If you’re new to the parenting journey, you may be a swaddling skeptic. I was! My initial stay in the hospital with a new baby was a totally blur, so when we got home and my husband was wrapping my baby so tight, I thought he was nuts!
He explained that the ICU nurses taught him a few different swaddling techniques. He would start wrapping and folding and tucking and voilà! My son was as snug as a bug in a rug. Plus, he would instantly stop crying. That’s because swaddling newborns gives them a familiar feeling of comfort and security that they felt in utero.
I was impressed and quickly realized this is something I needed to know how to do. Just like changing diapers, the more you do it, the faster and easier it becomes. You’ll be able to wrap a super swaddle in record time.
Lay the blanket flat so it makes a diamond shape, then fold the top corner down to make a triangle. Lay your baby in the center, so her head is above the flat section of the blanket. Make sure her shoulders are just below the fold of the blanket.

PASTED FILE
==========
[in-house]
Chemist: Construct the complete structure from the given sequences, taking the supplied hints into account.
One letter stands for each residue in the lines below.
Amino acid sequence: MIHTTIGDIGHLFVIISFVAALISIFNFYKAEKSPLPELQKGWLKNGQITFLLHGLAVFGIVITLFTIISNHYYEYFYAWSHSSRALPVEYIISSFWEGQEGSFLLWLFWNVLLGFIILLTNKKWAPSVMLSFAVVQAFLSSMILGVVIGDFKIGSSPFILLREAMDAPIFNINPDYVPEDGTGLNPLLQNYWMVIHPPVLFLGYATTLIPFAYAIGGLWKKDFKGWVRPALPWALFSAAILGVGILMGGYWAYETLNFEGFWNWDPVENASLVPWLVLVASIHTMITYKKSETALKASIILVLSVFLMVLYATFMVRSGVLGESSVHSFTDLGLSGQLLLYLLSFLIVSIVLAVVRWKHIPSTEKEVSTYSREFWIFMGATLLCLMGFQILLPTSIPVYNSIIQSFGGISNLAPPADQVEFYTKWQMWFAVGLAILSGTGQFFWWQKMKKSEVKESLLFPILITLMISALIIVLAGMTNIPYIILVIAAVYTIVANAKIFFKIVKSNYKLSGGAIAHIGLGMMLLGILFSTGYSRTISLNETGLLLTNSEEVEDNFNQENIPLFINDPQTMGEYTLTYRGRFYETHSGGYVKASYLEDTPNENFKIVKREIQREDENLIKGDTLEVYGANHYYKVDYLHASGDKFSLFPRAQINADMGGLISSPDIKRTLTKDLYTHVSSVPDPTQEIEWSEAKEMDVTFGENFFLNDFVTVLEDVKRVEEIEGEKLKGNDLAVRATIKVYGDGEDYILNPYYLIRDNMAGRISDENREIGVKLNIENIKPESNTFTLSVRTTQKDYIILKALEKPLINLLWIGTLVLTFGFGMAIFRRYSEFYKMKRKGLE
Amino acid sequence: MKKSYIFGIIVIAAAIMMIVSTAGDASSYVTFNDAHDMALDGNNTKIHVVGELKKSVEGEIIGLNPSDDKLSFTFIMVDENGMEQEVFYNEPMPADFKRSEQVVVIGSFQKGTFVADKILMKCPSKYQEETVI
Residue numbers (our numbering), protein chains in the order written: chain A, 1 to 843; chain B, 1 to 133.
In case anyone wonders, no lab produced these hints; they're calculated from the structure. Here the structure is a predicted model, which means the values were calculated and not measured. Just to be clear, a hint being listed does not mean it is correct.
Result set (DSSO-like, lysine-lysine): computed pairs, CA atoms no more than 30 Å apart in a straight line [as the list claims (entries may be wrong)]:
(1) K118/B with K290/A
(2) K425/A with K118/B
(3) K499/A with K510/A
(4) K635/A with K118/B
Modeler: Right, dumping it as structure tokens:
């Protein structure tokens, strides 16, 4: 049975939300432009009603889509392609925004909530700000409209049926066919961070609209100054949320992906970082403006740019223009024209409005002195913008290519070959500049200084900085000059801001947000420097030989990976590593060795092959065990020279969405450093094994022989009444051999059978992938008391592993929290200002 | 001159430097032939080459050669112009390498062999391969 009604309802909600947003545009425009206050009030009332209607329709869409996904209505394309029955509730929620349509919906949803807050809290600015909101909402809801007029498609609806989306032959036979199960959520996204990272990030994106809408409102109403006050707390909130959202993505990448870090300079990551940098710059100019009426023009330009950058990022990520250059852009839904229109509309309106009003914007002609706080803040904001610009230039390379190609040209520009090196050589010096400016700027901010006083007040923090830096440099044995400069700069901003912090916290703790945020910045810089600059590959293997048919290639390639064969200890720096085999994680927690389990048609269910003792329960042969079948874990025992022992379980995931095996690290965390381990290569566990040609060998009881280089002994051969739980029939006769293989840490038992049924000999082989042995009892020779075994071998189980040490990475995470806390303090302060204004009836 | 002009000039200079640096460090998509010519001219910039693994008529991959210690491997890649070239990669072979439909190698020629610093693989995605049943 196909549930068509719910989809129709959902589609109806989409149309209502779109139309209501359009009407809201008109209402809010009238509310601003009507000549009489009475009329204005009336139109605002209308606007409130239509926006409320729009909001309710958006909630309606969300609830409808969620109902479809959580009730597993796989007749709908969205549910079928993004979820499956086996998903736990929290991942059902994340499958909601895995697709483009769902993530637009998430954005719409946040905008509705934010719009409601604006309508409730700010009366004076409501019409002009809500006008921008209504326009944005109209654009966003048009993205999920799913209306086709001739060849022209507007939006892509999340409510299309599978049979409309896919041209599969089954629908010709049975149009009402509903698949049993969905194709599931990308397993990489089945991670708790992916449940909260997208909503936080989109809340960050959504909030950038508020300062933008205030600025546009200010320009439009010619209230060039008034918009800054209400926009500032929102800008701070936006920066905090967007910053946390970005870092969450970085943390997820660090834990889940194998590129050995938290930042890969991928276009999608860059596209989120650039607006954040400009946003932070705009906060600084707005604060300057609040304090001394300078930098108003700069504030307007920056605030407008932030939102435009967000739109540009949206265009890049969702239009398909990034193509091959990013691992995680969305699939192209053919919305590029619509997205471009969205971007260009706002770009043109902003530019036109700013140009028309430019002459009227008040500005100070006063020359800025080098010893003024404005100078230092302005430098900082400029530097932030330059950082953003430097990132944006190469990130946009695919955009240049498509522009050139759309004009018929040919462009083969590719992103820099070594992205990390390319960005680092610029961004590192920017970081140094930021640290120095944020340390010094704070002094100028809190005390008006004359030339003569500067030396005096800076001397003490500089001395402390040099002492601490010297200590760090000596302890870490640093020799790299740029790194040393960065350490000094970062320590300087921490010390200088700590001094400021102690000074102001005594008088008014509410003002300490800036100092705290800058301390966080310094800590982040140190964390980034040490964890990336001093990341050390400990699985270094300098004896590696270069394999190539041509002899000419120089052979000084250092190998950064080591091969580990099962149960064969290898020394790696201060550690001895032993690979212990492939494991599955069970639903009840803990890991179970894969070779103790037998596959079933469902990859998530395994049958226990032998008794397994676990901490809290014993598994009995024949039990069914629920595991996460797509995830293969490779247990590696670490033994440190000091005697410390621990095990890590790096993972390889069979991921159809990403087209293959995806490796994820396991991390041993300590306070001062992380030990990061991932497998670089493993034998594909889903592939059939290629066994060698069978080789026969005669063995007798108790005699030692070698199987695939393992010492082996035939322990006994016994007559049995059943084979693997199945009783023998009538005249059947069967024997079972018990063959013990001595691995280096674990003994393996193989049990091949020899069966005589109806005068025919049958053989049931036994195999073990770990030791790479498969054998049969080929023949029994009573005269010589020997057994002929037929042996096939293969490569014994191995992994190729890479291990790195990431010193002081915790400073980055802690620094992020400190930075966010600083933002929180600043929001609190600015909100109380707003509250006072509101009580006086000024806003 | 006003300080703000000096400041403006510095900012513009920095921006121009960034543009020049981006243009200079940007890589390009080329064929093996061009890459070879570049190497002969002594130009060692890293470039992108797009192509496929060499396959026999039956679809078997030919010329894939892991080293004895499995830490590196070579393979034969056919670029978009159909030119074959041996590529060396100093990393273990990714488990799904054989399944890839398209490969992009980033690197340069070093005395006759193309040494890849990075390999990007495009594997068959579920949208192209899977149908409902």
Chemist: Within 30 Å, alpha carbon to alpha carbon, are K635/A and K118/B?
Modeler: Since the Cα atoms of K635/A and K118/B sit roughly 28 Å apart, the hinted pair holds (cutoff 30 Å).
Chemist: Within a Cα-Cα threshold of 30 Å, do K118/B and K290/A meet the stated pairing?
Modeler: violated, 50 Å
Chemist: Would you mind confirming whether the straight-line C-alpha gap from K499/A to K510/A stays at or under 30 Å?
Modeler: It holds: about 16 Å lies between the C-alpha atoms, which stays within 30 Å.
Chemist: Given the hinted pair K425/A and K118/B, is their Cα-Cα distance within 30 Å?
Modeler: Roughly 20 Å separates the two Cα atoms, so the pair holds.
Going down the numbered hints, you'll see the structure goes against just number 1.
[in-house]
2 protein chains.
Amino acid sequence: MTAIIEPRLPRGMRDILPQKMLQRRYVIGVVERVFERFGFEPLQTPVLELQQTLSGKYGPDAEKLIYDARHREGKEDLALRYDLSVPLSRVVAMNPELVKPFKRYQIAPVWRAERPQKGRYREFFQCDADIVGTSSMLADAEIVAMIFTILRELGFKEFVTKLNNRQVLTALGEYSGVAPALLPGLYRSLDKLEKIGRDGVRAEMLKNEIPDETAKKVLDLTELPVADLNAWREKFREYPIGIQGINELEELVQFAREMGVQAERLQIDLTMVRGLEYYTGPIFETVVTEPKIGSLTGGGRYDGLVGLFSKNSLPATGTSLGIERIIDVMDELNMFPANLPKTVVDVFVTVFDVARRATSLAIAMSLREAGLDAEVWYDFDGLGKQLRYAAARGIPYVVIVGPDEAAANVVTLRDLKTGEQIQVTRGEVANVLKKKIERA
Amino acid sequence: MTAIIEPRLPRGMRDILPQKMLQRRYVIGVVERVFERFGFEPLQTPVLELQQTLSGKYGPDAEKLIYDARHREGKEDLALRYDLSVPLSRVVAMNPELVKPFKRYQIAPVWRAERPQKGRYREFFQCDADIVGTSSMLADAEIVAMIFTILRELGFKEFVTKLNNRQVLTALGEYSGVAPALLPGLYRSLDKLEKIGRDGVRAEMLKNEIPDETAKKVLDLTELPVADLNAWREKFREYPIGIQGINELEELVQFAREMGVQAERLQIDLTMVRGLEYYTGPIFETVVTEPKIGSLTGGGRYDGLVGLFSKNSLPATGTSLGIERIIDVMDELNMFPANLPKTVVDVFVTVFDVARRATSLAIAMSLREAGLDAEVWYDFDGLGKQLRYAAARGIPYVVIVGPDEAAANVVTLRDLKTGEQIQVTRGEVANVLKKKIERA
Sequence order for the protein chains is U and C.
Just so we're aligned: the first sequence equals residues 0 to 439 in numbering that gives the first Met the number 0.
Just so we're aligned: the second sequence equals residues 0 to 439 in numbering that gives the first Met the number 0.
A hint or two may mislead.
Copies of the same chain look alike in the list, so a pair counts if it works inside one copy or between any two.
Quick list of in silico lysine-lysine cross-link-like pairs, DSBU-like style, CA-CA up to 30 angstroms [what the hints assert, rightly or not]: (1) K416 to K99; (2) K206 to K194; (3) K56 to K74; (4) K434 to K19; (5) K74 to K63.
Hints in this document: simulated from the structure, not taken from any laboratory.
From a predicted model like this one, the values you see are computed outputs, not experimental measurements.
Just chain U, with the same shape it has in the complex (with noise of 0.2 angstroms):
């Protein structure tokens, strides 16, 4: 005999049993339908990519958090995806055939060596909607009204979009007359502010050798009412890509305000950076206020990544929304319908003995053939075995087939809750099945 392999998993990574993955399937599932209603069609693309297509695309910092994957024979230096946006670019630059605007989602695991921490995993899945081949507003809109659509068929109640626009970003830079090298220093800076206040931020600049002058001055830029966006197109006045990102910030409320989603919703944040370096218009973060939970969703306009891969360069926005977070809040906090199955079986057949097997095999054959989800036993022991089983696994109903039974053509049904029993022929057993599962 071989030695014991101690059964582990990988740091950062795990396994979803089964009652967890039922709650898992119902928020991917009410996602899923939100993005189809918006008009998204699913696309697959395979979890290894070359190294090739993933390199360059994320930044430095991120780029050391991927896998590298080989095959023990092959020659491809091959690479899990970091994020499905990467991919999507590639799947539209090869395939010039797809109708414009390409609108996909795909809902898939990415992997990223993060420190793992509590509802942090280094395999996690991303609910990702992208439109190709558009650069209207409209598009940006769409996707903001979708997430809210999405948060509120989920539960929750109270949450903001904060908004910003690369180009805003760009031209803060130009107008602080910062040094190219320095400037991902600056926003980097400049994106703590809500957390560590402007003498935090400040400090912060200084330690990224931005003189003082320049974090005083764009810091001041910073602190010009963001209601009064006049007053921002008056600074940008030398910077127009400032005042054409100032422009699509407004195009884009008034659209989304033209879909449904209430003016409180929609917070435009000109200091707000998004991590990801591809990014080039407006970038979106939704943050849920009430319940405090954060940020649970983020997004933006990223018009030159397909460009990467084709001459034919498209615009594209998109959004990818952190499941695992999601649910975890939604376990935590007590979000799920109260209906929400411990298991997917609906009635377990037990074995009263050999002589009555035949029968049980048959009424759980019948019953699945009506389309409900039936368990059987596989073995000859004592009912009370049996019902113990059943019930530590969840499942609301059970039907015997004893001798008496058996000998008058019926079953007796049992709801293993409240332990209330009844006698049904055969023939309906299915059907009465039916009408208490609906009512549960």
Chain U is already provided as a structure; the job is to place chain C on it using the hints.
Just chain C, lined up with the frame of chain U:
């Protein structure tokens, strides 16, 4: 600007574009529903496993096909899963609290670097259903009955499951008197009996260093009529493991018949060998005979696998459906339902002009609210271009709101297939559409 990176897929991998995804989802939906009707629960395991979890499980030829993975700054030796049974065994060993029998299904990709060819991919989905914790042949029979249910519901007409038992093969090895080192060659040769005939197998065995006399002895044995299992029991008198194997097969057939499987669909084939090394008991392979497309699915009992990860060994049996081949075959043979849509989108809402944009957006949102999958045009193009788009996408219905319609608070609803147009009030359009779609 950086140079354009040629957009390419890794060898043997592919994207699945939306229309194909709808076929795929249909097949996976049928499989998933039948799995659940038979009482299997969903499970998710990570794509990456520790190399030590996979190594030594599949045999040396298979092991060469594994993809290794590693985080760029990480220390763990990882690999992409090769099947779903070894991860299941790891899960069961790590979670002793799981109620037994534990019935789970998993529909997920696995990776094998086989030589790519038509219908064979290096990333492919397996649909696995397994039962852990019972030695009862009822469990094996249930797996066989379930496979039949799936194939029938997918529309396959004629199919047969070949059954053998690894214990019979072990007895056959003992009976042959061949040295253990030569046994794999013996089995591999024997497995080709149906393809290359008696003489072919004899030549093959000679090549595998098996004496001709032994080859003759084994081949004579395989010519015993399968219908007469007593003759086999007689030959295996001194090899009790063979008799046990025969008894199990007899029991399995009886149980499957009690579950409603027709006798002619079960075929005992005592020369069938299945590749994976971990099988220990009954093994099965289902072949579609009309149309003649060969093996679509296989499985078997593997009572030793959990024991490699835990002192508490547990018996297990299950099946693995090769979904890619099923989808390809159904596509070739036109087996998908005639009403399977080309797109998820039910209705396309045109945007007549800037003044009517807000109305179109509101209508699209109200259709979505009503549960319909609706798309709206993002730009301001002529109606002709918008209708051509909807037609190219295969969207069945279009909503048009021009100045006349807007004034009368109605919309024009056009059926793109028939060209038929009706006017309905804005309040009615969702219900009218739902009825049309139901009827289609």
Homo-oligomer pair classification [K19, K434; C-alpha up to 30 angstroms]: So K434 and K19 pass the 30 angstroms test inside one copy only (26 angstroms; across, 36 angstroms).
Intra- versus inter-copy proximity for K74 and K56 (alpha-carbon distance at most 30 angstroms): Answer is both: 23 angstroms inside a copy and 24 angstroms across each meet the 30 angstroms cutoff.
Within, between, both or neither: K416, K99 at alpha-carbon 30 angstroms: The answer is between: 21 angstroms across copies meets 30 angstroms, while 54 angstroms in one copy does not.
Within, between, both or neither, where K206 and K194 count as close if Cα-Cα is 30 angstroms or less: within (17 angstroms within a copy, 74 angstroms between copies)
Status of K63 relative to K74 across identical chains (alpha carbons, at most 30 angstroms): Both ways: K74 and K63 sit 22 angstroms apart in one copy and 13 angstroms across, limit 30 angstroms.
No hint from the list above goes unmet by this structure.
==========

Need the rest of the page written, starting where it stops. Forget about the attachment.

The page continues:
HINT! We bought blankets made specifically for swaddling because they were bigger than standard baby blankets and they were thin with some stretch. This way we had plenty of fabric to tuck and fold securely, and our baby didn’t get too hot while he was swaddled.
With baby in the center of the blanket, pull the left triangle across your baby. You want to make sure your baby’s right arm is slightly bent and laying securing next to her body. After you pull the blanket across her, tuck it underneath her body. And don’t just tuck it gently. Pull it securely. Babies are great escape artists!
HINT! We discovered that our infant son stayed in his swaddle longer if he could access his right hand. He would soothe himself by sucking on his fingers. Initially we tucked his right arm in the swaddle completely, but then we swaddled him with one hand near his face.
Pull the bottom part of the blanket up over baby’s feet.
HINT! Swaddle blankets are longer, so this is why we started buying them. It made Step #3 easier and provided a more secure swaddle. This was especially helpful at night, because our son would sleep longer in a secure swaddle.
Make sure your baby’s right arm is slightly bent and securely by her side. Now pull the last triangle across your baby to complete the wrap. Tuck the excess fabric securely underneath your baby. Your baby should be completely swaddled!
HINT! Don’t project your own feelings of how you’d feel all swaddled up on your infant. Newborns really do like the feeling. Remember, they don’t even know they have limbs attached to them, so when they flail their arms and legs when they cry, they think strange things are moving around them.
What's your favorite swaddle blanket?
Looking for more ways to soothe a fussy baby? Check out these mommy tips!